Starting in 1941, Yugoslav communists under the leadership of Josip Broz Tito organized their own multi-ethnic resistance group, the Partisans, who fought against Axis, Ustaše, and Chetnik forces.
At the end of the war, the establishment of the Socialist Federal Republic of Yugoslavia, with the constitution of 1946, officially made Bosnia and Herzegovina one of six constituent republics in the new state.
Following the death of Tito on 4 May 1980, the Yugoslav economy started to collapse, which increased unemployment and inflation. The economic crisis led to rising ethnic nationalism and political dissidence in the late 1980s and early 1990s. With the fall of communism in Eastern Europe, efforts to transition into a confederation failed; the two wealthiest republics, Croatia and Slovenia, seceded and gained international recognition in 1991.

Following Slovenia and Croatia's declarations of independence from Yugoslavia, a significant split developed among the residents of Bosnia and Herzegovina on the issue of whether to remain within Yugoslavia (overwhelmingly favored by Serbs) or seek independence (overwhelmingly favored by Bosniaks and Croats). A declaration of sovereignty on 15 October 1991 was followed by a referendum for independence from Yugoslavia on 29 February and 1 March 1992. The referendum was boycotted by the great majority of Bosnian Serbs, so with a voter turnout of 64%, 98% of which voted in favor of the proposal. Bosnia and Herzegovina became an independent state on 3 March 1992.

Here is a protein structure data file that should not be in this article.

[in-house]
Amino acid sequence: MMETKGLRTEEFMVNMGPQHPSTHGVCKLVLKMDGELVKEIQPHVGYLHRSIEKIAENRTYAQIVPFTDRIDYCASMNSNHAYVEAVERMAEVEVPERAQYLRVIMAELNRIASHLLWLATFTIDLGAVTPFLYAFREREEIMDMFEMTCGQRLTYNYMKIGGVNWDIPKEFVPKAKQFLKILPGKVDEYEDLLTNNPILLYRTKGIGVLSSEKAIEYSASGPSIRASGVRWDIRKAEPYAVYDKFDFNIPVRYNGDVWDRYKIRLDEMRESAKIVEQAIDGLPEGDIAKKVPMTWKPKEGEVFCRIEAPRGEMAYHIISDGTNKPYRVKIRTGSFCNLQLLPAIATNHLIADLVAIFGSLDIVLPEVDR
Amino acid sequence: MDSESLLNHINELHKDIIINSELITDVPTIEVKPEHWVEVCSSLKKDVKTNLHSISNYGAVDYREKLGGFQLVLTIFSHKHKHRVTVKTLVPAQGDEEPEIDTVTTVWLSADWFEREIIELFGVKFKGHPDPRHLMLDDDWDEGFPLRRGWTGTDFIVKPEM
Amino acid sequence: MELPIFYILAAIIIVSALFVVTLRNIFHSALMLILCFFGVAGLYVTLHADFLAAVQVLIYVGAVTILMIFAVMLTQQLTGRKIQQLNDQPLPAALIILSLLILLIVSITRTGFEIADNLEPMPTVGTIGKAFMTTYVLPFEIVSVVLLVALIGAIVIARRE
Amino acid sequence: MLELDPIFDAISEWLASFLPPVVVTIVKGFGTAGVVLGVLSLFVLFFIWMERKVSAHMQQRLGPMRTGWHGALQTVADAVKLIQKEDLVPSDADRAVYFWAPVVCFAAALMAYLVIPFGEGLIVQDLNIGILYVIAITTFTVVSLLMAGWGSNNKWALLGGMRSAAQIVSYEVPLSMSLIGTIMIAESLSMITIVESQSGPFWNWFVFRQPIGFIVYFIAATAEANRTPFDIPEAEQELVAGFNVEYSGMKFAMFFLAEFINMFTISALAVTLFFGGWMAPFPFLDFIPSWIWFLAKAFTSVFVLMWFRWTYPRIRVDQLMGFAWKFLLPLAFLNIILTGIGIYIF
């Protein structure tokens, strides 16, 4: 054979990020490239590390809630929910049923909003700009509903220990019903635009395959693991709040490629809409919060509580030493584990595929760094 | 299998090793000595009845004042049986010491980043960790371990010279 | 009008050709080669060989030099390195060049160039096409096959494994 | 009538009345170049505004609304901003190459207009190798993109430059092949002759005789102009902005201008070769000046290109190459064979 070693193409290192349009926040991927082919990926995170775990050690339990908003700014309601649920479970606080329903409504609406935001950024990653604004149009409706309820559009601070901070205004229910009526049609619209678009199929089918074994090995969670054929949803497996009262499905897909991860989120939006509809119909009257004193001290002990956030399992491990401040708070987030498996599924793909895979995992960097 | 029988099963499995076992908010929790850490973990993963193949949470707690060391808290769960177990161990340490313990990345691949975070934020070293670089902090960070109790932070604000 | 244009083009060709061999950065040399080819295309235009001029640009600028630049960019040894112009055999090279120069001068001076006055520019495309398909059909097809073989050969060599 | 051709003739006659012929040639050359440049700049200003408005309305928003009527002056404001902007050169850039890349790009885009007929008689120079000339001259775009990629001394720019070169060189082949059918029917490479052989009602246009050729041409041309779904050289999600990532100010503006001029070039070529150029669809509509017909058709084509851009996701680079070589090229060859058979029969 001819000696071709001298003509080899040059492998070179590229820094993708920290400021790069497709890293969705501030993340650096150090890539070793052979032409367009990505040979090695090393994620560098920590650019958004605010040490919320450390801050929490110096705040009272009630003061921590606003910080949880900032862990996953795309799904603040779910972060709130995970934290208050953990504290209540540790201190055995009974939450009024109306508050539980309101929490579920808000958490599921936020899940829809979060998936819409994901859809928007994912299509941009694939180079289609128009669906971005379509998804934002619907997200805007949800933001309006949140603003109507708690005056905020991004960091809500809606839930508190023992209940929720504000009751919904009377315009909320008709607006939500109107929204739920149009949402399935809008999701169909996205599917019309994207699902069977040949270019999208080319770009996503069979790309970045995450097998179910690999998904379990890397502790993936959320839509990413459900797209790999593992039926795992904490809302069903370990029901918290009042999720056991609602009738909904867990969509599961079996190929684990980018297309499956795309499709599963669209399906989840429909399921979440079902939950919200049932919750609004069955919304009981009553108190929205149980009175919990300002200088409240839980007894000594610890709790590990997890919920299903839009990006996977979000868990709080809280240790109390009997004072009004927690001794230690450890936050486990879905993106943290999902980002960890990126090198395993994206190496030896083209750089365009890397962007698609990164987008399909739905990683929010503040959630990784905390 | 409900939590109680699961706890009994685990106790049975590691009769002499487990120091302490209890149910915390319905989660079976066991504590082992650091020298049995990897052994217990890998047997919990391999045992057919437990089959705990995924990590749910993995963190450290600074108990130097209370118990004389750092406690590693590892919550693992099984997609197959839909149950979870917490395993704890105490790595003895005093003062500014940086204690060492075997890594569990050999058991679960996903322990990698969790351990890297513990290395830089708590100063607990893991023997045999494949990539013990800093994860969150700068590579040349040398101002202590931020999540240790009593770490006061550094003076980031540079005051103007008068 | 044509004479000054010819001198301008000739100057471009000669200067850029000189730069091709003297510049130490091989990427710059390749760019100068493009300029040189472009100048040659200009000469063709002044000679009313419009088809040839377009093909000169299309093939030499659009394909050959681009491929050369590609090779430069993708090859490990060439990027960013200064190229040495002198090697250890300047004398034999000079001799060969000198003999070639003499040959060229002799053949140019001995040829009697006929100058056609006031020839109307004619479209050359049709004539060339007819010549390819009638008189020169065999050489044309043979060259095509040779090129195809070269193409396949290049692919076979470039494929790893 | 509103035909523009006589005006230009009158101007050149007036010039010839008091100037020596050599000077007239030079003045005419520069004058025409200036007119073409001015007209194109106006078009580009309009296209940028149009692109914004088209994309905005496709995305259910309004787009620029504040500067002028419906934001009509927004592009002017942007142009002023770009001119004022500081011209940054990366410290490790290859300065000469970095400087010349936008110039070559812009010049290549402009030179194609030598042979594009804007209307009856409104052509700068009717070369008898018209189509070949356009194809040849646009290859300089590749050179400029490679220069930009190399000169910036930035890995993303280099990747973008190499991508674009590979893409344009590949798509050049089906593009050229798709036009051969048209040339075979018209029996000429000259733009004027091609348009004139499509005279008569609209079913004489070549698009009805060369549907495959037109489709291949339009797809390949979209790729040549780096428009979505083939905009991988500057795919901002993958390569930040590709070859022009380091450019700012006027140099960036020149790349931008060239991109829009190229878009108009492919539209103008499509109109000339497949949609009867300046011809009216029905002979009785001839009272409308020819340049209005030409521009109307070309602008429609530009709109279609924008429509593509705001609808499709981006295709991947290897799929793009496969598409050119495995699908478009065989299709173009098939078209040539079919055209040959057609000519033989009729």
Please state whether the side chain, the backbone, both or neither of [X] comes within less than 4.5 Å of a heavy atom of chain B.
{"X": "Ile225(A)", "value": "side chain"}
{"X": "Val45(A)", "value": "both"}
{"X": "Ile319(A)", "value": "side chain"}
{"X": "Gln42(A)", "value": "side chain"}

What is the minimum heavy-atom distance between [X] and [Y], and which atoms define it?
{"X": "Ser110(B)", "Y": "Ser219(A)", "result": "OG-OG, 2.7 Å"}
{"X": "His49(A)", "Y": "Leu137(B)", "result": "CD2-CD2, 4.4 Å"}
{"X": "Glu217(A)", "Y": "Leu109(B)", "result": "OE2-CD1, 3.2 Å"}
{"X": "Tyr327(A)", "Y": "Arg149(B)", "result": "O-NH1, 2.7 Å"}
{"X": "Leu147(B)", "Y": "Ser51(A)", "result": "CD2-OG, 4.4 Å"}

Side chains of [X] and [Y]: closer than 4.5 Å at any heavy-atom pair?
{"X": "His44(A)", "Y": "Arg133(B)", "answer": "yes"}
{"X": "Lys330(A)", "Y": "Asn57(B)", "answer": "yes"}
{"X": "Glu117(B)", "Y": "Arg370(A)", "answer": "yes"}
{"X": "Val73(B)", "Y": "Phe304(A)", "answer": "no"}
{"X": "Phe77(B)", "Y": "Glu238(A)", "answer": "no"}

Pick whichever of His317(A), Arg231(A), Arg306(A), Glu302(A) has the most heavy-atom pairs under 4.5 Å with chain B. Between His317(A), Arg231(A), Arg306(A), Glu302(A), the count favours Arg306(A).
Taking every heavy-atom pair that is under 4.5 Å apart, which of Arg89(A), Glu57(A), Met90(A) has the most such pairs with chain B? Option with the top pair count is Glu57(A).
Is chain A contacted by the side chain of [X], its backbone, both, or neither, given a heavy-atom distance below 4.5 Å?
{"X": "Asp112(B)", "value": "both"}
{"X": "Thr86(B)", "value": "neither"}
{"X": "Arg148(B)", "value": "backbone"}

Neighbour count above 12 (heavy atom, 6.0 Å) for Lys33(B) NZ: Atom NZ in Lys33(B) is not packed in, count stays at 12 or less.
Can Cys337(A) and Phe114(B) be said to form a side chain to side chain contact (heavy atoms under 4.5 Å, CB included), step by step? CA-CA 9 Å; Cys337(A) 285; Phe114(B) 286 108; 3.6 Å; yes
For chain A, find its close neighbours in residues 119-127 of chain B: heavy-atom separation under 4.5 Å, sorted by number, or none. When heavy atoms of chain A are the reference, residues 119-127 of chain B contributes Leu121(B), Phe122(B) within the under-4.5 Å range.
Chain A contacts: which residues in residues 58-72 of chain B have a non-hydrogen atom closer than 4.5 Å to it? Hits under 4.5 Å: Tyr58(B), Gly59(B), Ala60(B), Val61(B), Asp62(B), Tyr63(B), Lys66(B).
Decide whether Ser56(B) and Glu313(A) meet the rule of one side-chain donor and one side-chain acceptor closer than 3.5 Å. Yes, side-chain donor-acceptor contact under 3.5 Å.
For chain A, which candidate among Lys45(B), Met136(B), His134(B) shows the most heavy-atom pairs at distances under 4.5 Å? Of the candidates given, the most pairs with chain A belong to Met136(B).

Following Bosnia and Herzegovina's declaration of independence, the Bosnian Serbs, led by Radovan Karadžić and supported by the Serbian regime of Slobodan Milošević and the Yugoslav People's Army, mobilised their forces inside Bosnia and Herzegovina in order to secure ethnic Serb territory. Then war soon spread across the country. The conflict was initially between Yugoslav Army units in Bosnia which later transformed into the Army of Republika Srpska on the one side, and the Army of the Republic of Bosnia and Herzegovina, largely composed of Bosniaks, and the Croat forces in the Croatian Defence Council on the other side. Tensions between Croats and Bosniaks increased throughout late 1992, resulting in the escalation of the Croat–Bosniak War in early 1993.

In March 1994, the signing of the Washington accords between the Bosniak and ethnic-Croatian leaders led to the creation of a joint Bosniak-Croat Federation of Bosnia and Herzegovina. The signing of the Dayton Agreement in Paris by the presidents of Bosnia and Herzegovina, Croatia, and Yugoslavia brought a halt to the fighting, roughly establishing the basic structure of the present-day state.
Bosnia and Herzegovina is a federation of two Entities - the Federation of Bosnia and Herzegovina and the Republika Srpska, as well as the district of Brčko. Each of the Entities has its own Constitution and extensive legislative powers.
According to a report made by Christian Schmidt of the Office of High Representative in late 2021, Bosnia and Herzegovina has been experiencing intensified political and ethnic tensions, which could potentially break the country apart and slide it back into war once again. The European Union fears this will lead to further Balkanization in the region.

I I have visited Bosnia-Herzegovina several times

The pictures of these trips, are not yet available; i have to digatalize them first.

Please let me know when you're having questions.
i would be pleased to help you.

Things to do and other tips

not available

This illustrate's my memories of Bosnia-Herzegovina:

See my "Things to do" pages for more pictures.

When i'am visiting a country i like to be prepared;
So i know something about the Country and i can plan the things to visit.
That's why i 'm reading books;looking at travel maps etc.

See my "Things to read" pages for Books/Maps about Bosnia-Herzegovina